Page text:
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Child Sexual Abuse

Child sexual abuse is a form of child abuse that involves sexual activity with a minor.  A child cannot consent to any form of sexual activity.  Some forms of child sexual abuse include:

  • Indecent exposure
  • Fondling
  • Sex of any kind with a minor
  • Masturbation in front of or forcing the minor to masturbate
  • Obscene phone calls, texts or online interaction
  • Producing or sharing pornographic images or movies
  • Sex trafficking
  • Any other sexual conduct that is harmful

People Who Commit Child Sexual Abuse

The majority of people who commit child sexual abuse are known to the victim or family.   This person can be anyone; it can be an adult, sibling, playmate, classmate, teacher and so on.  The person who commits child sexual abuse is often able to use their position of power to manipulate victims into staying quiet about the sexual abuse.  Sometimes they normalize the behavior or use threats to coerce a child into keeping quiet.  Regardless of the tactics used to silence a child, it is NEVER the child’s fault.  The effects of child sexual abuse are horrible and long-lasting, creating feelings of confusion, shame, fear and distrust, to name only a few.    

Talking to Your Children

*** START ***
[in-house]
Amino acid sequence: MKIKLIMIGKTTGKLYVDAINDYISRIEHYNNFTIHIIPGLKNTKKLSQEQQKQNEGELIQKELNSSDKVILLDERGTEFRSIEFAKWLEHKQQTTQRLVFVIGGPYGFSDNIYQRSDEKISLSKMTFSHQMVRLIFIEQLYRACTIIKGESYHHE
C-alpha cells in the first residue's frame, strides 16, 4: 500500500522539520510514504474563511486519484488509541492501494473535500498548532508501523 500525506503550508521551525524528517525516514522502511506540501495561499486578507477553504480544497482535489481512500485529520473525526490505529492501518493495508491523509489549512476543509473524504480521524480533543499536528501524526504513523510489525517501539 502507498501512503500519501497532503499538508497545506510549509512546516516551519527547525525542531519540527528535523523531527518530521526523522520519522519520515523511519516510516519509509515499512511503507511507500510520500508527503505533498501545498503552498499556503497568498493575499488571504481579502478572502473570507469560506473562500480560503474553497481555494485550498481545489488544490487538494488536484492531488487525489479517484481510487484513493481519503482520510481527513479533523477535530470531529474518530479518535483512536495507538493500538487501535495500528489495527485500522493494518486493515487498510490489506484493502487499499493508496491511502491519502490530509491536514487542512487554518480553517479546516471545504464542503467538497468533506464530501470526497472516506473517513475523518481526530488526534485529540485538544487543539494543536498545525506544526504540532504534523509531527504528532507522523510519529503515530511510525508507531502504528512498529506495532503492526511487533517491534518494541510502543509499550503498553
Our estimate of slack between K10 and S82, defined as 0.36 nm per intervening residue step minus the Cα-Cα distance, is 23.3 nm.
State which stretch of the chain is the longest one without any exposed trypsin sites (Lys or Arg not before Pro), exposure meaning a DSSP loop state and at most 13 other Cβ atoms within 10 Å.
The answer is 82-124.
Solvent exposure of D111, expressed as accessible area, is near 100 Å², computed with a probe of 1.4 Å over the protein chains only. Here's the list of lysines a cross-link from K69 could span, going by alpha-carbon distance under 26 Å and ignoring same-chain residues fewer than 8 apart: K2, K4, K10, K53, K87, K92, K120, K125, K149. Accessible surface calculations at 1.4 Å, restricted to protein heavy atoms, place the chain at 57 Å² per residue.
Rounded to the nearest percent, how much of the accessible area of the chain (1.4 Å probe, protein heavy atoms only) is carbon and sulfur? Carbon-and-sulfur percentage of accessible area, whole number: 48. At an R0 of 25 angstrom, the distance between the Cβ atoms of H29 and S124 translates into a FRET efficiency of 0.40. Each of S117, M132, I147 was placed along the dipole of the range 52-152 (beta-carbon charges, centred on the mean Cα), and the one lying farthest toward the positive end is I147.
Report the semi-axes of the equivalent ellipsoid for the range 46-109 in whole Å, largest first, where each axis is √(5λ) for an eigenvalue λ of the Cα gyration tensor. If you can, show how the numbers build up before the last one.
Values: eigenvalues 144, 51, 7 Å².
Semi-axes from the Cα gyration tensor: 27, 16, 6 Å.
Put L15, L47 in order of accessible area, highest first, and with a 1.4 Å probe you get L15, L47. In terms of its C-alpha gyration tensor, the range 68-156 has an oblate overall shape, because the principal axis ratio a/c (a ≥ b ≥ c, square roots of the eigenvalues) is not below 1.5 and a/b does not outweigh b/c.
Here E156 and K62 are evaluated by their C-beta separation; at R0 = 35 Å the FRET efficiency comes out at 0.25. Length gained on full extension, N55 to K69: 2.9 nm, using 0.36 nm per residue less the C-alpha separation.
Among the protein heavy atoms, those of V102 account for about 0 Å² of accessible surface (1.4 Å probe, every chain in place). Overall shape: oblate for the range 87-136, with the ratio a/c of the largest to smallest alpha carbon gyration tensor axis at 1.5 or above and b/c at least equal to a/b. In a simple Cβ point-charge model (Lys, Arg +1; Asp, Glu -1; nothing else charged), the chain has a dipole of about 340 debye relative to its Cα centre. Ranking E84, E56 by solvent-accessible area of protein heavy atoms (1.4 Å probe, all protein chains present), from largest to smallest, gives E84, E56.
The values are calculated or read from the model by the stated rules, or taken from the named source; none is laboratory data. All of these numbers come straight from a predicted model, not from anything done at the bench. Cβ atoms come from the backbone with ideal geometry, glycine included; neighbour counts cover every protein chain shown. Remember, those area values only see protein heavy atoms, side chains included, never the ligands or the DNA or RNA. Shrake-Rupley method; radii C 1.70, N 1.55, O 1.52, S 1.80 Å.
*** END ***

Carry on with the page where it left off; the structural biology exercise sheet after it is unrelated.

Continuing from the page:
Child sexual abuse can happen to any child.  However, there are proactive things you can do as a parent or caretaker of children to create a safe space for disclosure or to recognize vulnerabilities.  Being involved in your child’s life and having conversations may make warning signs more obvious and help your child feel more comfortable talking about things that don’t feel right.  Some things you can do include:

  • Show interest in their day-to-day lives
  • Get to know the people involved in your child’s life, including children and adults
  • Ask questions about their day, activities, and people.  Let them ask you questions. 
  • Teach your children about boundaries.  Let them know that no one has the right to touch them or make them feel uncomfortable.  Simple things such as hugging family members should not be required if the child prefers not to. 
  • Teach your children how to talk about their bodies and body parts.  How can they disclose if they don’t have the words?   
  • Be available and set aside time so your child has your complete attention. 
  • Let them know they can always come to you and won’t get in trouble.  It’s important for them to know they can always talk to you, no matter what they need to say. 
  • BELIEVE your child.  If your child tells you of any inappropriate behavior, no matter who the abuser is, it should be taken seriously.

If you have concerns about a situation or want to talk about past abuse, please call us.  Our advocates are available every day with free, confidential support.  Call 1.800.770.1650 or text iowahelp to 20121.